Editor's note:  Today we feature a post that originally appeared on Ericsson's Networked Society blog:

The cargo industry started with a broad variety of customized packaging and transport systems. This generated a set of diverse systems with low transport and packaging commonalities between industries. In a similar way, hardware and software has been optimized together for different compute, storage and networking applications.

This works fine as long as the market is predictable and the development follows an Ericsson-hyperscale-cloud-digital-industrialization-stacks-of-cargo_2-450x300.jpgevolutionary route. Businesses exposed to higher volatility and disruptive technology shifts benefit from a building their business on a multi-purpose platform without horizontal integration of all parts.

Just as the cargo industry standardized the world around 20 and 40 foot containers, the cloud industry is built around global standards too. The number of standards is greater, and they are developed by various standardization bodies. By standardizing on an element level you create a platform for a powerful eco-system.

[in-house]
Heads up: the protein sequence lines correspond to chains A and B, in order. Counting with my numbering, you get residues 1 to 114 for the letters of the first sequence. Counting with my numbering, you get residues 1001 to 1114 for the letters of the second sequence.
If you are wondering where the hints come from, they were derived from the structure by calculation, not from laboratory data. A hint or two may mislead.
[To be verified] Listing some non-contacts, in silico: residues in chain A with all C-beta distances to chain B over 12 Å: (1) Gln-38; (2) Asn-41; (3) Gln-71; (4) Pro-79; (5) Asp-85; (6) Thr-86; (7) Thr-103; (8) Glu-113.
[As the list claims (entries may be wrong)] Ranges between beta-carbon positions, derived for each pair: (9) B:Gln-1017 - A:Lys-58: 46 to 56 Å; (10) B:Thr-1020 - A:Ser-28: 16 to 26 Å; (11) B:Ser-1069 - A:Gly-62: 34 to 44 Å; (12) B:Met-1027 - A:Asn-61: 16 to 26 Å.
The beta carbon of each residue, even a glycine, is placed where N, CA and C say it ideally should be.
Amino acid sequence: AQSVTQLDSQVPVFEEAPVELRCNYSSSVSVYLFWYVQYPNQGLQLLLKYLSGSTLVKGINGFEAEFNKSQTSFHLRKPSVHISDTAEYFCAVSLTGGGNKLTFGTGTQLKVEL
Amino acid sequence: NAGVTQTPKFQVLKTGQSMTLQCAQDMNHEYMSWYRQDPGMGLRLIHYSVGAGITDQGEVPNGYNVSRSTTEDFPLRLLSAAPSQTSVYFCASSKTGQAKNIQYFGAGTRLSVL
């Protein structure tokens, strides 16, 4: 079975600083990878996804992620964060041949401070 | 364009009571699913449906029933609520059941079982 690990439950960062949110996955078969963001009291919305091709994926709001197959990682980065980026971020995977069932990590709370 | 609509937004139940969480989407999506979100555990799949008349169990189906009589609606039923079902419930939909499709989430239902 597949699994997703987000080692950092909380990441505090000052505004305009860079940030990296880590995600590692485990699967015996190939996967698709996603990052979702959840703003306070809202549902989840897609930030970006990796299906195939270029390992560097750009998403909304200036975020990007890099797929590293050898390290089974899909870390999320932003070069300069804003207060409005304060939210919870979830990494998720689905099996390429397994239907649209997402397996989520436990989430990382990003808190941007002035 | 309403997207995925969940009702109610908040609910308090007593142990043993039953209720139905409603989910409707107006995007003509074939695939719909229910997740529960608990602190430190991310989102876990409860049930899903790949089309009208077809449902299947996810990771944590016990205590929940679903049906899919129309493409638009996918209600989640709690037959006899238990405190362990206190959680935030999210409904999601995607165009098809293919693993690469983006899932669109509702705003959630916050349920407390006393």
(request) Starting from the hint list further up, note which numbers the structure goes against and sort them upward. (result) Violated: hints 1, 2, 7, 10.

You can read the rest of the post at the Networked Society blog.

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Digital Industrialization

Peter Linder

Peter Linder is Head of Business Management and Sales Support for Business Unit IT & Cloud Products towards Region North America. Since 2011 Peter has been based in North America in various management roles for the development of Ericsson’s cloud and IP Business in the US and Canada. He is also a Network Society evangelist appointed in the original group in 2011 and an intrapreneur dedicated to learning and sharing insights on how the digital transformation is reshaping future networks.

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